Shure, IDC Uncover ‘Secret’ to Productive Hybrid Employees

Shure, a manufacturer of audio solutions known for quality, performance and durability, commissioned premier global market research firm, IDC, to conduct a study on the challenges facing organizations in the age of hybrid work. Analyzing attitudes from more than 600 interviews across China, France, Germany, Japan, the United Kingdom and the United States, the research assesses what stands in the way of successful hybrid working environments.

Effective hybrid working environments are few and far between. The research uncovered how organizations can position themselves better to handle modern-day working environments and optimize day-to-day communication, company culture, employee and client experiences and team satisfaction.

Globally, organizations realize that many current set-ups are not effective; 94 percent of respondents expect hybrid meetings to remain a pillar of work, yet more than 50 percent are pushing for a full return to office to improve corporate identity and collaboration.

Organizations want to improve collaboration and believe a full return to office is the solution; IDC research says otherwise and indicates that a return to office is not the only answer.

Data show businesses overlook opportunities to improve the employee experience regardless of location, and that an investment in high-quality audio results in more collaborative and flexible ways of working.

“Hybrid meeting environments became the new normal in recent years, and it’s apparent that they’re here to stay, but organizations still are not equipped with the tools needed for effective communication — even though many have tried. As a result, employees are left discouraged and disengaged, creating a cycle of frustration. It’s critical that from the very top of the organization and down, employees are using the right technology that enables them to communicate the right way,” said Robin Hamerlinck, chief information officer at Shure.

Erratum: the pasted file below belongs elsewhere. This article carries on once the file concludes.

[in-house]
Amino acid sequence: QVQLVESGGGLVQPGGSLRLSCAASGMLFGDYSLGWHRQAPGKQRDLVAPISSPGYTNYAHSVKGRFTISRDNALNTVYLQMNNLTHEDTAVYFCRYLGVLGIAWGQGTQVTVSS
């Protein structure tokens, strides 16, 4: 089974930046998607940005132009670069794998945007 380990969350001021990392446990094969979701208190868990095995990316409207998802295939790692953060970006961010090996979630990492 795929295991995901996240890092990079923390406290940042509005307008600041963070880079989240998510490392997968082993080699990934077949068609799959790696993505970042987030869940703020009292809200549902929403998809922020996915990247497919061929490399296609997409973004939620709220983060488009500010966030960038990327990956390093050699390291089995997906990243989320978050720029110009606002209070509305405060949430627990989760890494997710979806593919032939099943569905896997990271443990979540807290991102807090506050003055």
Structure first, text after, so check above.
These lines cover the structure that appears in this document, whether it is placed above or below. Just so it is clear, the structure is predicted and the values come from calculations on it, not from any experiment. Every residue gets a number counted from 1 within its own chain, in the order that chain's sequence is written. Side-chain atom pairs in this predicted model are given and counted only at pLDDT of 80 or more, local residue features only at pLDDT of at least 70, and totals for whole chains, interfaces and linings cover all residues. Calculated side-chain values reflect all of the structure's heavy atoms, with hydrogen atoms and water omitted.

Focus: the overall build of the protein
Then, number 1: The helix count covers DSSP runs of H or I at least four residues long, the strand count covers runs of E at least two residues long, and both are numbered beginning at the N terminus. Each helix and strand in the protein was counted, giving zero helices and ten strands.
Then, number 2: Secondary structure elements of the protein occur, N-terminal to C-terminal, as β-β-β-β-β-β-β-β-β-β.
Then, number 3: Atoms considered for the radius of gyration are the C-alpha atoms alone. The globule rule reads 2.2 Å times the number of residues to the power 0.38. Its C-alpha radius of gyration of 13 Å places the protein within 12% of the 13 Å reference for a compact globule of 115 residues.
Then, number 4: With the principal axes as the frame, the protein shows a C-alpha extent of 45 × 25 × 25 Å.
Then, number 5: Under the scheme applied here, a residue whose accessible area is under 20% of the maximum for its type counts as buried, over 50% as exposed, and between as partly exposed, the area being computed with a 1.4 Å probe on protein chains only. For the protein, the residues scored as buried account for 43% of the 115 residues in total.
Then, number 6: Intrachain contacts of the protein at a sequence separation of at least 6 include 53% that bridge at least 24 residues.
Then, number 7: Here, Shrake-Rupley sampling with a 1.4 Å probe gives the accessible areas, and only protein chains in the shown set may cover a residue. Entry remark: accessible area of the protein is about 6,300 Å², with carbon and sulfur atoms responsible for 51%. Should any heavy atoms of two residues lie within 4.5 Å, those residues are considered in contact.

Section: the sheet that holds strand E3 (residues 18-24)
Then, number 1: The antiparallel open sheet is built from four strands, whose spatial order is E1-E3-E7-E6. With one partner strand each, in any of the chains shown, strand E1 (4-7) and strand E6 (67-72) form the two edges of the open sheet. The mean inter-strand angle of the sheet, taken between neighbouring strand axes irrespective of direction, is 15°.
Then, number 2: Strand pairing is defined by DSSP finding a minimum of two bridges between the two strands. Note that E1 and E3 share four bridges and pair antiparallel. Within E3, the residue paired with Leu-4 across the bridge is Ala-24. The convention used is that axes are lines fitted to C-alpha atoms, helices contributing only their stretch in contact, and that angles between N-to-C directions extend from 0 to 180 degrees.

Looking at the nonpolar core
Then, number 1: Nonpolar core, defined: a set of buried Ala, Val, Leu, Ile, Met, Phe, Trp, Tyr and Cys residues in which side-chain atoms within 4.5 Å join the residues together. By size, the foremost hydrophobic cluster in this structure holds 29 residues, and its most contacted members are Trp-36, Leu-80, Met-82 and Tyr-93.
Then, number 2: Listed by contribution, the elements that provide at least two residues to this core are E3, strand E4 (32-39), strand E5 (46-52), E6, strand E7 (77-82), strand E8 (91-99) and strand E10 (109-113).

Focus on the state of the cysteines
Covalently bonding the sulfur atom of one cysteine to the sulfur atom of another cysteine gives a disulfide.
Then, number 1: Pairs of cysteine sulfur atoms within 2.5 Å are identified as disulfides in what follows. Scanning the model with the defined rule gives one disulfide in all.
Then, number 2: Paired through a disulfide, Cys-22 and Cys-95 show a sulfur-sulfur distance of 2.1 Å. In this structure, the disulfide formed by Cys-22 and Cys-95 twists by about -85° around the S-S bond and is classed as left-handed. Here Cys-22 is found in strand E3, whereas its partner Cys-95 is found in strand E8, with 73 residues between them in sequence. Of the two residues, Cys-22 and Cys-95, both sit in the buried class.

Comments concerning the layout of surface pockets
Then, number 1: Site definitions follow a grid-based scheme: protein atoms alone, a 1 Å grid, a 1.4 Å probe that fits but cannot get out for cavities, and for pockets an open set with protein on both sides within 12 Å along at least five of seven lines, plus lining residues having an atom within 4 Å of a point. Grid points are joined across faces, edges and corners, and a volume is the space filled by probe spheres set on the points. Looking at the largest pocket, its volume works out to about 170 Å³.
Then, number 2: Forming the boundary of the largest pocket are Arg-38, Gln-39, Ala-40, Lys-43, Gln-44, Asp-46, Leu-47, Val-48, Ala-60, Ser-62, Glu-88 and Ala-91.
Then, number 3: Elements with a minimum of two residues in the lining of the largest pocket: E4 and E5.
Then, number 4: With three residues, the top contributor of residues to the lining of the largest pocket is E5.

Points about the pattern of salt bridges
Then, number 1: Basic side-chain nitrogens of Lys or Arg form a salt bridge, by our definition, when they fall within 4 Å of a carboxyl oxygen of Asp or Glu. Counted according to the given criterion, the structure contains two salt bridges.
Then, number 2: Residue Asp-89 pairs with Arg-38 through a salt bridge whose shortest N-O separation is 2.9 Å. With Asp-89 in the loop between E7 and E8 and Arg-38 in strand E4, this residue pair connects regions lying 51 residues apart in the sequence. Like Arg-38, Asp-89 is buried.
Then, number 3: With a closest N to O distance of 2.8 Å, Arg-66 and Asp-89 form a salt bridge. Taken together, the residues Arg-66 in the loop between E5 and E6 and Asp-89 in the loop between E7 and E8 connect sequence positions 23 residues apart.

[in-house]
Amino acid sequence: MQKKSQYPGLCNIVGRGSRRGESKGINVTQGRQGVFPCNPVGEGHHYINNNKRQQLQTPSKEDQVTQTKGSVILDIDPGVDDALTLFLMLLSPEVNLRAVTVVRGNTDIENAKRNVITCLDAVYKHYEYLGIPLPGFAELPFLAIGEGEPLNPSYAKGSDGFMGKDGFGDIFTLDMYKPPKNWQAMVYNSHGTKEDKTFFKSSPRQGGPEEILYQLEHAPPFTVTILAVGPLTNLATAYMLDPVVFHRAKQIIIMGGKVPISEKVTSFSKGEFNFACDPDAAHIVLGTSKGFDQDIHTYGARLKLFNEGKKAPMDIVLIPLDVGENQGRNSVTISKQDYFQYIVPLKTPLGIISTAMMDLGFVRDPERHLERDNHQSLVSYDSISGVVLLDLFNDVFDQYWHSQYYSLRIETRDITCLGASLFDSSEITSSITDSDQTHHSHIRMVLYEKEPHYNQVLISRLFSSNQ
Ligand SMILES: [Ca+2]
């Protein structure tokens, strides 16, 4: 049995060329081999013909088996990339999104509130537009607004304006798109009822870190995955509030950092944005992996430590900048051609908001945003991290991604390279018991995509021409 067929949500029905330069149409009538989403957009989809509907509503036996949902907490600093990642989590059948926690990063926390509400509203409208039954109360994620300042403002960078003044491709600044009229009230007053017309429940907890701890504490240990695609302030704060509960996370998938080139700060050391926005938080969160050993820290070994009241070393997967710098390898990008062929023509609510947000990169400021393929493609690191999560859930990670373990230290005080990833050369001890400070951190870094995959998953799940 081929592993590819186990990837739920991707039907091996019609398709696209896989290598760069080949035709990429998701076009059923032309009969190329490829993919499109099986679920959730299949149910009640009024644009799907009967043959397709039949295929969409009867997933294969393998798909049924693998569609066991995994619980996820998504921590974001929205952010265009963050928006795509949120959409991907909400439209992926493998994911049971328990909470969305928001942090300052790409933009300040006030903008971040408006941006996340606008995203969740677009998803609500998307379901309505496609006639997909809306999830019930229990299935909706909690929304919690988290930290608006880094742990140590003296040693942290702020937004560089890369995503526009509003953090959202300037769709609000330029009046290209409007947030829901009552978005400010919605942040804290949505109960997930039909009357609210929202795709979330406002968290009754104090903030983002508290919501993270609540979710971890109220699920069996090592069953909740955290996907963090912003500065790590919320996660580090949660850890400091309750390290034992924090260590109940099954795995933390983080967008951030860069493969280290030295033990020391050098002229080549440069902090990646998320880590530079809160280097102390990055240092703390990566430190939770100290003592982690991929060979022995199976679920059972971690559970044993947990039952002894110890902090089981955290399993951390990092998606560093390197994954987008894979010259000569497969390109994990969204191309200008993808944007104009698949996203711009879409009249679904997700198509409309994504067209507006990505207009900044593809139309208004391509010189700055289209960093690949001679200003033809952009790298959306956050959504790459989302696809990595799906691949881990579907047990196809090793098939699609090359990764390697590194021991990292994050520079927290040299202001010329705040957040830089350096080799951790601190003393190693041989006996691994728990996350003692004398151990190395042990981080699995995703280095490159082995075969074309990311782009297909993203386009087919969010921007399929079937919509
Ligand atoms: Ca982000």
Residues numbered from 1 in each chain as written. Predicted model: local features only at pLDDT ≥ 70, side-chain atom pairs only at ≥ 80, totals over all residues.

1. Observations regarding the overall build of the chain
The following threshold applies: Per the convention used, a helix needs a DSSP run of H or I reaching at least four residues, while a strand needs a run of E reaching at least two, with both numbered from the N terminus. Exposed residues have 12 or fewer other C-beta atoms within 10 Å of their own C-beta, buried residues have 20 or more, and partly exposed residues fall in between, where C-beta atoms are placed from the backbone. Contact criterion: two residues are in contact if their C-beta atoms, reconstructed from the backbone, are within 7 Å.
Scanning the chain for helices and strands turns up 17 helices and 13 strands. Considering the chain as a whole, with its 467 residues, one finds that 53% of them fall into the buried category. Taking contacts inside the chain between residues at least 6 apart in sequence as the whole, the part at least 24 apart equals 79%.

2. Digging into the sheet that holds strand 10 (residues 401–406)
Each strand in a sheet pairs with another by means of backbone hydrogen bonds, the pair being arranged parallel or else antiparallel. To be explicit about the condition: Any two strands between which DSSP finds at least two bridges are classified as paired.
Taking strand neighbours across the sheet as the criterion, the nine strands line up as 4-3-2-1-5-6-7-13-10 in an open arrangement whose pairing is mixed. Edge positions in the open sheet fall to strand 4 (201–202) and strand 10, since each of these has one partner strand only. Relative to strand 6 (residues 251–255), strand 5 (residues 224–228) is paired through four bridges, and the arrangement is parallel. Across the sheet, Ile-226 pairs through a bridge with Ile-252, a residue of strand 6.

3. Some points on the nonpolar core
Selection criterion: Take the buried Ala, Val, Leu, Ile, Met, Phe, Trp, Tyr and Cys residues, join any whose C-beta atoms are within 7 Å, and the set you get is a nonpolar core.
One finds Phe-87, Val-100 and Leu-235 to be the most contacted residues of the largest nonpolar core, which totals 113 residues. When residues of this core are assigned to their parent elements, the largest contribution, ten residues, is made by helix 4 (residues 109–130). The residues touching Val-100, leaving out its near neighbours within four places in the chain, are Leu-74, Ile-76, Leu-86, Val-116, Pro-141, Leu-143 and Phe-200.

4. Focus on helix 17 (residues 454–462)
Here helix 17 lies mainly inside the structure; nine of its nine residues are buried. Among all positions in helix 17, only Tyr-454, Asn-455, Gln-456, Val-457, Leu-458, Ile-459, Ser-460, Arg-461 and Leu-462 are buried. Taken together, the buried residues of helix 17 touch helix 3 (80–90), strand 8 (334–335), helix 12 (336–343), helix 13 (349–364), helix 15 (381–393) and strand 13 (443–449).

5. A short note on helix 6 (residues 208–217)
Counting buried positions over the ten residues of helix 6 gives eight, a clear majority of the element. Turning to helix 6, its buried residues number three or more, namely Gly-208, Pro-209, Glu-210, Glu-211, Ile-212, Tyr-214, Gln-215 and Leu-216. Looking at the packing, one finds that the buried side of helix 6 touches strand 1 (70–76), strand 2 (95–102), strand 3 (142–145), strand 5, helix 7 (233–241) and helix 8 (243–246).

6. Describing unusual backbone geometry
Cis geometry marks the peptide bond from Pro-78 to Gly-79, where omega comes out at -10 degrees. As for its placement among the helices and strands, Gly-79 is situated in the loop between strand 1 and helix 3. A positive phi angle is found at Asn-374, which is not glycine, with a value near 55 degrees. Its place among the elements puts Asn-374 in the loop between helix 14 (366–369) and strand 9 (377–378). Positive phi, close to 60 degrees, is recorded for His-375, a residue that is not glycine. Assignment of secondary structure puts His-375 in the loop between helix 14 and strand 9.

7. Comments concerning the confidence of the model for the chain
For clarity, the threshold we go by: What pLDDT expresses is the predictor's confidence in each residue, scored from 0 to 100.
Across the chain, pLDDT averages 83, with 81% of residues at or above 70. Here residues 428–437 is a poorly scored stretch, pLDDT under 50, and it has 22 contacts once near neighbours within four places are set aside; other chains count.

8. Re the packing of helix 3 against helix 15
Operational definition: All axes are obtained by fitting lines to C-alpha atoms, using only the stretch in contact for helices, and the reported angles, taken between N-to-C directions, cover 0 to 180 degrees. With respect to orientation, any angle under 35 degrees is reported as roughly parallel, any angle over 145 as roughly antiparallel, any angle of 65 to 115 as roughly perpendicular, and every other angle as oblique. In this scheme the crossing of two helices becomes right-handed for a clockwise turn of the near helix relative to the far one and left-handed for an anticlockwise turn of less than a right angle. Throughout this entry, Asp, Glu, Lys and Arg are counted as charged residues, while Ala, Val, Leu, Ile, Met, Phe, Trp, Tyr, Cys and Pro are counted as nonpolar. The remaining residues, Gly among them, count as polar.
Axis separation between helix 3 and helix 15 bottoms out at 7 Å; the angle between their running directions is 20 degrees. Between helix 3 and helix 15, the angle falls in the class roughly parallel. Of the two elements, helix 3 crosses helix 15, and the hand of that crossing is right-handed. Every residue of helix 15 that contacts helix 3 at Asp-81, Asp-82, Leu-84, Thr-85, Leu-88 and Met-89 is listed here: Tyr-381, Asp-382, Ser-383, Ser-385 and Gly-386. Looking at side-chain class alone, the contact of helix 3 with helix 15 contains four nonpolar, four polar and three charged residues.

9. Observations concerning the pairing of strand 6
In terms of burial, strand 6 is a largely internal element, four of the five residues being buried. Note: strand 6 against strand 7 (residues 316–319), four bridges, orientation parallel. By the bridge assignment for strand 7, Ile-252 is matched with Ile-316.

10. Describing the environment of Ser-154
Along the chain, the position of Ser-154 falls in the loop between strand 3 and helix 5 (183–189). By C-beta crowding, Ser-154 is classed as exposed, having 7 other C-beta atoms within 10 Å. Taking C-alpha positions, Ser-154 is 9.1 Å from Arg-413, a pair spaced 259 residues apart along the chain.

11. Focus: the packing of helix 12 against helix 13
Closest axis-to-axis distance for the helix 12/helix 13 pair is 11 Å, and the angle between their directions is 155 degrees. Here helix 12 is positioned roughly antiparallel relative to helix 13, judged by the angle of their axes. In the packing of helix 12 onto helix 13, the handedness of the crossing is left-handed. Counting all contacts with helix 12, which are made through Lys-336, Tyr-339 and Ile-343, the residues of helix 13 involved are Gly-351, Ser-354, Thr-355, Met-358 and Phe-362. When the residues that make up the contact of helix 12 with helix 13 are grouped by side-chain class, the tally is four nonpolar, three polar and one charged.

“Sourcing the correct audio equipment is the first step, and a step that puts all employees on the same playing field, so that meeting equity is achieved,” Hamerlinck continued. “As a leader in audio conferencing and communication, we commissioned IDC to address these audio challenges and prove that it is possible for both employers and employees to thrive in hybrid environments.”

Many hybrid meetings have challenges. At the executive level, this can trigger a demand for a complete return to office to enable effective collaboration. This is where the great mismatch lies.

According to the IDC InfoBrief, a full return to office, or a fully remote workforce, fails to capture the value that can be realized with hybrid work, which can enable effective communication with colleagues globally. But hybrid technology must work repeatedly.

When a hybrid system fails to work, employees are left frustrated. When asked about the main challenges of hybrid work, respondents highlighted:

  1. Poor communication and collaboration abilities
  2. Distracted employees and low attention levels
  3. Technology shortfalls that impact collaboration

While audio quality is not the only concern raised when specifying solutions for a hybrid environment, audio quality has an impact on individual and group productivity.